The Cleveland Browns have made no secret about their roster-building strategy since putting the franchise in the hands of chief strategy officer Paul DePodesta and executive vice president Sashi Brown. The analytically minded front office has placed a premium on stockpiling draft picks by the bushel and now has nine top-65 selections over the next two years. Of course, those picks matter only if they're translated into actual talent. Terrelle Pryor, 27, who just posted 77 catches and 1,007 yards in his first full season as a wide receiver, seems to represent the type of young cornerstone the Browns would want to keep.
Yet Cleveland's analytics department reportedly soured on Pryor, who left for a below-market one-year deal worth up to $8 million with Washington. The Browns may not have wanted to pay Pryor like a star No. 1 receiver, but at such a team-friendly price tag, did it really make sense to let him walk?
We can look at Pryor's 2016 season through the lens of metrics such as QBR and expected points added (EPA). Cleveland's motley crew of quarterbacks was significantly more efficient and more capable of stretching the field targeting Pryor than any other Browns receiver. In fact, when targeting Pryor, Cleveland quarterbacks posted a QBR that would have led the league last year (granted, this excludes sacks, which quarterbacks would normally get penalized for). Conversely, Cleveland QBs performed similarly to Alex Smith on targets to non-Pryor receivers.
While Pryor failed to reach the end zone in the final seven games of the season, it would be wrong to suggest that he sputtered to the finish line. Dividing his season into four quarters, Pryor's EPA and other per-play metrics remained relatively consistent until a dip in efficiency during the final four games. However, Pryor played the last three while hampered by torn ligaments in his fingers which would eventually require offseason surgery.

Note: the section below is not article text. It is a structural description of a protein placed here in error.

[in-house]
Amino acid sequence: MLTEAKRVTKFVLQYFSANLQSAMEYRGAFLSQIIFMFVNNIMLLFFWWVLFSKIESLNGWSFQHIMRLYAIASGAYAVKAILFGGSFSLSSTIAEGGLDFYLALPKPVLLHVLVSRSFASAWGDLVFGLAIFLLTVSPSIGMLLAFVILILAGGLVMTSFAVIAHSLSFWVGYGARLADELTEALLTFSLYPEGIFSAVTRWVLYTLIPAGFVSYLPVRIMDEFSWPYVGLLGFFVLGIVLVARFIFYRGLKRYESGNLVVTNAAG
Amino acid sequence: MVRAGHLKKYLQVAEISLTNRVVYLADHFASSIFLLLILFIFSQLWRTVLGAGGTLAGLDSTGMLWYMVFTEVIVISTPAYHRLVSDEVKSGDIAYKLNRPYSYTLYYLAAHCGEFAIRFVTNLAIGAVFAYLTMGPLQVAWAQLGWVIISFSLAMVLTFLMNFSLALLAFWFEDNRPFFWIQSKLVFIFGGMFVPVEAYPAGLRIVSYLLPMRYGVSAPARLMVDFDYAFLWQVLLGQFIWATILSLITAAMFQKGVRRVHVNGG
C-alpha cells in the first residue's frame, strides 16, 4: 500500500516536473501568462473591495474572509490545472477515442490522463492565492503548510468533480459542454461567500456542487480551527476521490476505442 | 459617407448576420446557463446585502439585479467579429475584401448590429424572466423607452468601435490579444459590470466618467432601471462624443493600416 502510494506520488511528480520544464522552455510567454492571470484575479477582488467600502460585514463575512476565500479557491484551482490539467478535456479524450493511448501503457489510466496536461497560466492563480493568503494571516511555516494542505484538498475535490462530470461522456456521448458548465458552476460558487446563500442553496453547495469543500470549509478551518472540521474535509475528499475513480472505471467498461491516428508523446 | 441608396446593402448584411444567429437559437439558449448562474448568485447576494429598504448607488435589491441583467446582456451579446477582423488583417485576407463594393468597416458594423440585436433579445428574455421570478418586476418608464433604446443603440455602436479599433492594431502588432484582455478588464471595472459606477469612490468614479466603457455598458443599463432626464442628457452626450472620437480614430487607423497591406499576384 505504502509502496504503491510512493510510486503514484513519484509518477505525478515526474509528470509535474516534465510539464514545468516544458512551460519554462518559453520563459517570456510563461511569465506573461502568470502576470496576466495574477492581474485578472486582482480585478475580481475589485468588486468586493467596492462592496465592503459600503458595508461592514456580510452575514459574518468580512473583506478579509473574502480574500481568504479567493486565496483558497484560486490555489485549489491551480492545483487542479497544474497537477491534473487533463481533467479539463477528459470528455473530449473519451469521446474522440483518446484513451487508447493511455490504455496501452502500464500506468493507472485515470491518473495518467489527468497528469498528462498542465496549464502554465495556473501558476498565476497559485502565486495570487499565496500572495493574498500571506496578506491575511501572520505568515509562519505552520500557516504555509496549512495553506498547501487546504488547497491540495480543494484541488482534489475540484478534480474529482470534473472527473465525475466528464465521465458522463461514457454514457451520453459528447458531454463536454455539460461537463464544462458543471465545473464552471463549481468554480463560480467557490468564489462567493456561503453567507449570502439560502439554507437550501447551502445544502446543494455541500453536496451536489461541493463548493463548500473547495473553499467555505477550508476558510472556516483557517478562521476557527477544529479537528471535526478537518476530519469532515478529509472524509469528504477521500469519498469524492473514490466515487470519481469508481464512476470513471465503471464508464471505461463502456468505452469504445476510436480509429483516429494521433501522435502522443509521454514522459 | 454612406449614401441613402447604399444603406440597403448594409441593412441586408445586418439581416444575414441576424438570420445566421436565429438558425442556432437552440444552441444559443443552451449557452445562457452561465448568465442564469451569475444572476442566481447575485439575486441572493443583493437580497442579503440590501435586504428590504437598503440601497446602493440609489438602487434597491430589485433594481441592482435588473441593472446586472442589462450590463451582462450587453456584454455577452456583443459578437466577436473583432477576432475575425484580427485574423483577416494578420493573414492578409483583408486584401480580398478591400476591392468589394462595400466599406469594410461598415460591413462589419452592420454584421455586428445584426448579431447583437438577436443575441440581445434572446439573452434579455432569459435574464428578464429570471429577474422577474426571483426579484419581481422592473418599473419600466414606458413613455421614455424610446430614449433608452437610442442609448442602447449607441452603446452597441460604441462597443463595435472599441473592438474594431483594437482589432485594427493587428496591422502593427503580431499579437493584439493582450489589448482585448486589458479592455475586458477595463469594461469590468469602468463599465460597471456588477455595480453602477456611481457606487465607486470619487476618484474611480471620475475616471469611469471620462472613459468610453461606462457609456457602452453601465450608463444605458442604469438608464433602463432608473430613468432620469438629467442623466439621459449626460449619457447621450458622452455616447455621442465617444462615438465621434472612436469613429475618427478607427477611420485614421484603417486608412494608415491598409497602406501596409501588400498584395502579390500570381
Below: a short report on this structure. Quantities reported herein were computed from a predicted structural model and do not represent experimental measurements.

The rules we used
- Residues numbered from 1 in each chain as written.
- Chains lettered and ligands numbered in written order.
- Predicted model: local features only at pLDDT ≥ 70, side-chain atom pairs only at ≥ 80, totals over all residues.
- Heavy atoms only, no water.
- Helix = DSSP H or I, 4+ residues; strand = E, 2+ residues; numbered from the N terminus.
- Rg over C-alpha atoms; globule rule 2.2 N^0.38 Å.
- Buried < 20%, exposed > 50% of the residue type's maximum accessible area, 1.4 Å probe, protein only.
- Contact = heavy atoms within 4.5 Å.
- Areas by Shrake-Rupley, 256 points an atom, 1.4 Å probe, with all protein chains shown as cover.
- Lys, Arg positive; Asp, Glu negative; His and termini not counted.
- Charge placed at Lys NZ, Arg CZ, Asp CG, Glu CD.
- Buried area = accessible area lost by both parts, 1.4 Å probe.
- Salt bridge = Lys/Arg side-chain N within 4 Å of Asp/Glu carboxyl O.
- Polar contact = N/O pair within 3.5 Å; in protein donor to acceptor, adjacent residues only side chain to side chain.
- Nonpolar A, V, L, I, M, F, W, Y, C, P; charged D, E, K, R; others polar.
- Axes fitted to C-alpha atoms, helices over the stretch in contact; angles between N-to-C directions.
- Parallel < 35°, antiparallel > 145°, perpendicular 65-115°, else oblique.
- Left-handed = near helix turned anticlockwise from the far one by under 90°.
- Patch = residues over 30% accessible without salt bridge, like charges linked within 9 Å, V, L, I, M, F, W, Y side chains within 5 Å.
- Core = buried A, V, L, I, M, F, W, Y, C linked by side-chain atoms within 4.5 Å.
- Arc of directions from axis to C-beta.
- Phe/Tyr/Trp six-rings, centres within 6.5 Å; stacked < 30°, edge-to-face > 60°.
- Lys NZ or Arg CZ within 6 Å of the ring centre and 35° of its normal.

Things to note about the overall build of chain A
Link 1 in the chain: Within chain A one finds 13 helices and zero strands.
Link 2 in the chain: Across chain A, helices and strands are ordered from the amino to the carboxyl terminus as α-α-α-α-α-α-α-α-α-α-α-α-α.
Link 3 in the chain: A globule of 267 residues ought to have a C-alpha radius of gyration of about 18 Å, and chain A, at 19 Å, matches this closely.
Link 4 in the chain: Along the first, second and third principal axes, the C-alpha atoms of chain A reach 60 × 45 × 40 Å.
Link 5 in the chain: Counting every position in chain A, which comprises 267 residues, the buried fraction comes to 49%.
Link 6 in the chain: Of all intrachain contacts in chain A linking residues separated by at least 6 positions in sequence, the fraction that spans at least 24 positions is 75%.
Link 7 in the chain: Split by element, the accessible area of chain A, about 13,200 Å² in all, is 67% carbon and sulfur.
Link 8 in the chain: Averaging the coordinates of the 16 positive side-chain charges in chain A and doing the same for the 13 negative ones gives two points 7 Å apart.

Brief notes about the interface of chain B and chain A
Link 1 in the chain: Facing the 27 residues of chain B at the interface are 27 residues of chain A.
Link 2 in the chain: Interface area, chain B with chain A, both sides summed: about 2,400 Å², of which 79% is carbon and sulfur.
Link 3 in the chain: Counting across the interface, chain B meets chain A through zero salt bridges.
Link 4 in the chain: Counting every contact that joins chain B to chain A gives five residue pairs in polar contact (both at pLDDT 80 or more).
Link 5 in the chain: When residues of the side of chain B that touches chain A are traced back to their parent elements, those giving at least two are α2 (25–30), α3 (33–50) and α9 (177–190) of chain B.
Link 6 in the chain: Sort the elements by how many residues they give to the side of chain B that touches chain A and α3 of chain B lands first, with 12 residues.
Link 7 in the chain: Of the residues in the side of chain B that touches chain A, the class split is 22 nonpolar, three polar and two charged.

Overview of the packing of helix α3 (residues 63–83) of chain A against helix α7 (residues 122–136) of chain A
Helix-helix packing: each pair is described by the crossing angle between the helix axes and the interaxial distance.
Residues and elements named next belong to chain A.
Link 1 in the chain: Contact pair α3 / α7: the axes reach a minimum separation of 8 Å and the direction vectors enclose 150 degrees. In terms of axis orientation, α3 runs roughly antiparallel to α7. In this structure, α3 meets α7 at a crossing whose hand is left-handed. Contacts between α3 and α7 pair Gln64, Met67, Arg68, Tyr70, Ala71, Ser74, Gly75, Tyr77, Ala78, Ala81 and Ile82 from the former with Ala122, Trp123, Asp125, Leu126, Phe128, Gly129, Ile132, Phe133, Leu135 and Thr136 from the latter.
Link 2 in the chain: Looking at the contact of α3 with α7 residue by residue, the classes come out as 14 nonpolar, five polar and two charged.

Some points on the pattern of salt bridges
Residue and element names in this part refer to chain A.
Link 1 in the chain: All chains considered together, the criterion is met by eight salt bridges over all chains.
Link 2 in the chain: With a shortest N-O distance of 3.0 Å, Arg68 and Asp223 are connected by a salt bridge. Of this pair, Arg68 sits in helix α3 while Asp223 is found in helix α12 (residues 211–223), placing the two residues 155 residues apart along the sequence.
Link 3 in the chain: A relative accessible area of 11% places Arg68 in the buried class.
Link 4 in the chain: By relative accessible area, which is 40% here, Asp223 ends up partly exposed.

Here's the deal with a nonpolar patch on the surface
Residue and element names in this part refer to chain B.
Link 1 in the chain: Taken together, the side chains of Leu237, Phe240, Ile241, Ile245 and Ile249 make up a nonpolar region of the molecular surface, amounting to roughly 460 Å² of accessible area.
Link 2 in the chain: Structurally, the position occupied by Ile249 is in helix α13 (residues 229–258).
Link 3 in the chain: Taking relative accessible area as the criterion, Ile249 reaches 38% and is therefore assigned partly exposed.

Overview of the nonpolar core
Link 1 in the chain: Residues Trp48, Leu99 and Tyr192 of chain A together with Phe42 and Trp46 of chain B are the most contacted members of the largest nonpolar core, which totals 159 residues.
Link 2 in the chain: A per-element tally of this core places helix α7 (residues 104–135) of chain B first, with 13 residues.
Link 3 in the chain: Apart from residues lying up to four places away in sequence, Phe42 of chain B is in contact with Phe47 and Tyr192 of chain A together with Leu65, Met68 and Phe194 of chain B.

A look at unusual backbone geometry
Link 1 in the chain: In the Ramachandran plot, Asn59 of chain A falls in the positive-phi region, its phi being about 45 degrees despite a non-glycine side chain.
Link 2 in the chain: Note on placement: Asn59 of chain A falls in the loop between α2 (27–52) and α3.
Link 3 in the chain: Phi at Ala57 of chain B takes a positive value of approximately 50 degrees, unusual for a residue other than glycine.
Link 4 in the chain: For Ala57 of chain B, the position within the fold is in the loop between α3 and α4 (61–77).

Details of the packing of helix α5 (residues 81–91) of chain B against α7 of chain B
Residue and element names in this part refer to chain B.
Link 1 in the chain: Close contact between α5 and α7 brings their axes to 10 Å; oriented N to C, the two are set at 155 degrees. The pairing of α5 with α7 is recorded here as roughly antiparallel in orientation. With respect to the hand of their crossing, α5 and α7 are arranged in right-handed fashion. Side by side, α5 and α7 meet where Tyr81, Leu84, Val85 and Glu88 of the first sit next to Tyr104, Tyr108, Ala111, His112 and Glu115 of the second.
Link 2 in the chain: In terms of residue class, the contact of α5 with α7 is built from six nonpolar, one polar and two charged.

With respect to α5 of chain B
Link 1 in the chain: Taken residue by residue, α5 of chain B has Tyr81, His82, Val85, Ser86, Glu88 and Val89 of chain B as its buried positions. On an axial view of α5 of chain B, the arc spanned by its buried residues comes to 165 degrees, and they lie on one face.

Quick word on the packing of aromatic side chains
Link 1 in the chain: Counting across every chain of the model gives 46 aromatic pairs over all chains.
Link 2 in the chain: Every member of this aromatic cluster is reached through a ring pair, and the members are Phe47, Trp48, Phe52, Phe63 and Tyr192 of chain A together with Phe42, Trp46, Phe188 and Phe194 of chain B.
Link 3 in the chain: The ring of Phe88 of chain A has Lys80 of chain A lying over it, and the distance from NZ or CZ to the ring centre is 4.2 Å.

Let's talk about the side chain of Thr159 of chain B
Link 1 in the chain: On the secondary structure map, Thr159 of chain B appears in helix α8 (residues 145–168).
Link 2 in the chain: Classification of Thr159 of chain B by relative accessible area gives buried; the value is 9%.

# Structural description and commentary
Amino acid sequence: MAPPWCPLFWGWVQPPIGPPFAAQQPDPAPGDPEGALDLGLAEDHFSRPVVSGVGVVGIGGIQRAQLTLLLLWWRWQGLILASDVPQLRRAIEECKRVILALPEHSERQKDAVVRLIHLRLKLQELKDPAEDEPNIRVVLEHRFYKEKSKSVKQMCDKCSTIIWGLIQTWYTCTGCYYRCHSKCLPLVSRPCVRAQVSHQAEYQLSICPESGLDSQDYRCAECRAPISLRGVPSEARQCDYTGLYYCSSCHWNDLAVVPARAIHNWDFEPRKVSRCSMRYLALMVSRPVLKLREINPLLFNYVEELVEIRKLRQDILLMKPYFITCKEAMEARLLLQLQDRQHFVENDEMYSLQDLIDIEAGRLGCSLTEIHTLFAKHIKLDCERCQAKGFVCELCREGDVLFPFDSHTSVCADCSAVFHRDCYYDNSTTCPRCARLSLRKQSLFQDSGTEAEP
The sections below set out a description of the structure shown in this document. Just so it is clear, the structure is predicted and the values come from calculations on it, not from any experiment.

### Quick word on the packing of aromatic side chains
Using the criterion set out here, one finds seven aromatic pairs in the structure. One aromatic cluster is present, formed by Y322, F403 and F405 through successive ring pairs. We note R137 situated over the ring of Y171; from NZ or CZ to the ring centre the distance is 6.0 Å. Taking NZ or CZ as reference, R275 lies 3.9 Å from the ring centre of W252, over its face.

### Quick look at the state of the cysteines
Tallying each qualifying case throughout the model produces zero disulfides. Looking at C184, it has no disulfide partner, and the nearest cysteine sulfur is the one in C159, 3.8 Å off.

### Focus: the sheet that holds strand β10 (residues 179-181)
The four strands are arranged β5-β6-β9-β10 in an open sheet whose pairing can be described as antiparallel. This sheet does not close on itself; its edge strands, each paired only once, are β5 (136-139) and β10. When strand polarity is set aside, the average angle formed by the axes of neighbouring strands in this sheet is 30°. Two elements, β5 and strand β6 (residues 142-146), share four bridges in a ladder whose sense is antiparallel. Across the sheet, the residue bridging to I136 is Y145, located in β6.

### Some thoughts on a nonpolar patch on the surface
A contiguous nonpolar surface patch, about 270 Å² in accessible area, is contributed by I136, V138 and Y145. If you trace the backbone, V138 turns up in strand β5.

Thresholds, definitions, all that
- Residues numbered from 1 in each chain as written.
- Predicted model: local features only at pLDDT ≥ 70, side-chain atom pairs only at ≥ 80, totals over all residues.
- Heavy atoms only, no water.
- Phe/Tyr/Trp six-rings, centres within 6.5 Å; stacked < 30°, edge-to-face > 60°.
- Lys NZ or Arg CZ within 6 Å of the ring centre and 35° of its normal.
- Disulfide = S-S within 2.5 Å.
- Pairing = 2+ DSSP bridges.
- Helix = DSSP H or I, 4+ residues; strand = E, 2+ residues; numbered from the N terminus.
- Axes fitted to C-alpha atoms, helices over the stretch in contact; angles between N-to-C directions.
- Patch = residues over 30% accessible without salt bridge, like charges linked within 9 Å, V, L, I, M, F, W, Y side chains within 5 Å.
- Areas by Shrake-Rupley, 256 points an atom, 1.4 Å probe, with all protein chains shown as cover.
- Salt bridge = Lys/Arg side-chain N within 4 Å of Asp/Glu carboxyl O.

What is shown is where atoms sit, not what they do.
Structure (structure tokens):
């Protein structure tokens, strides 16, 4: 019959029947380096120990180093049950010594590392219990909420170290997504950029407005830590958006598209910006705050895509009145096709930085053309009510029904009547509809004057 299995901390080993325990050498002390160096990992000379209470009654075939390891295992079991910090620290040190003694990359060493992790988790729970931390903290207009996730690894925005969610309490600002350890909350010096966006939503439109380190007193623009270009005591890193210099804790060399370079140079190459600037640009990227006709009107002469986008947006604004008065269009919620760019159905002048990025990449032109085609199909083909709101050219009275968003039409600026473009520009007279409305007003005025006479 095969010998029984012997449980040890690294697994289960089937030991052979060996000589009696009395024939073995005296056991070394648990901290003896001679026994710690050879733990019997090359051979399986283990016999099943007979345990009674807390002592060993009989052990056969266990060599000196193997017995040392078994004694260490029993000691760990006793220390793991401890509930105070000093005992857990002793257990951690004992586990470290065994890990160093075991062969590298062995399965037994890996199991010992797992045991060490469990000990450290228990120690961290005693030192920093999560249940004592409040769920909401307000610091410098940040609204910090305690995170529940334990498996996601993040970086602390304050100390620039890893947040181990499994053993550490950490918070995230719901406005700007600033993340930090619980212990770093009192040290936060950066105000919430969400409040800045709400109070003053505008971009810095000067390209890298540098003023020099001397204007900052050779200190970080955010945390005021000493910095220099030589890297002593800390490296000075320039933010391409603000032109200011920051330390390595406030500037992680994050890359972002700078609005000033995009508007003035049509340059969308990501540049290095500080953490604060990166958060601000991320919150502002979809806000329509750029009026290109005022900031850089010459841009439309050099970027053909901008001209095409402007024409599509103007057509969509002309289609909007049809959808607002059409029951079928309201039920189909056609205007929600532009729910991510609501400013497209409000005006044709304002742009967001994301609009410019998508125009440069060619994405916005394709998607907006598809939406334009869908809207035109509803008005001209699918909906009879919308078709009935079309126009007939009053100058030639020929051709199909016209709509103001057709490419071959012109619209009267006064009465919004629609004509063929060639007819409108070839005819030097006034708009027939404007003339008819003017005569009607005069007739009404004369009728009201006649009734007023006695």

So the Browns' anemic passing game was noticeably better when targeting Pryor, and until injuries hampered him in the final month, he remained consistently productive even as defenses adjusted to his game. Cleveland was correct in projecting a bearish market on Pryor, perhaps due to his lack of experience at receiver. In some ways, though, that makes the Browns' decision not to match Washington's offer even more baffling.
Unlike baseball and basketball, football has no widely acknowledged measure of individual value such as WAR or PER. However, approximate value (AV) does a fair job of estimating a player's individual contribution to the overall success of his unit.
To see how much Pryor deserved to earn based on his performance, we can plot his AV in 2016 against his 2017 salary-cap hit (currently projected at $6 million) and compare it to other receivers. Note that we're excluding receivers such as Odell Beckham Jr. and Mike Evans, who are still on their rookie deals, since the market hasn't yet had an opportunity to determine their value. Estimates were used for Robert Woods and Kenny Britt, recent signings whose 2017 cap hits weren't known at the time of publication.
By this visualization, Pryor comes in slightly above the curve. At the moment, he ranks 30th among wide receivers in both categories on the chart, though he'll likely rank lower in cap hit once other free-agent deals are announced. It's not hard to imagine Pryor producing even more value above average in 2017, since he's still early in his development as a receiver. AV is also partially dependent on overall unit success, and by moving to a better offense while keeping his No. 1 role, Pryor has a real chance to look even better from this perspective at this time next year.
Pryor is no sure thing, as his lack of a long-term deal suggests no one else wanted to commit long term to him. But with the most cap space in the league and arguably the least-talented roster in the league, the Browns also had less to lose than anyone by rolling the dice on Pryor. We'll never know exactly how Cleveland's in-house opinions and numbers shaped their decision on Pryor. Still, based on the metrics we have available, it seems the analytics should have supported Pryor, not rejected him.
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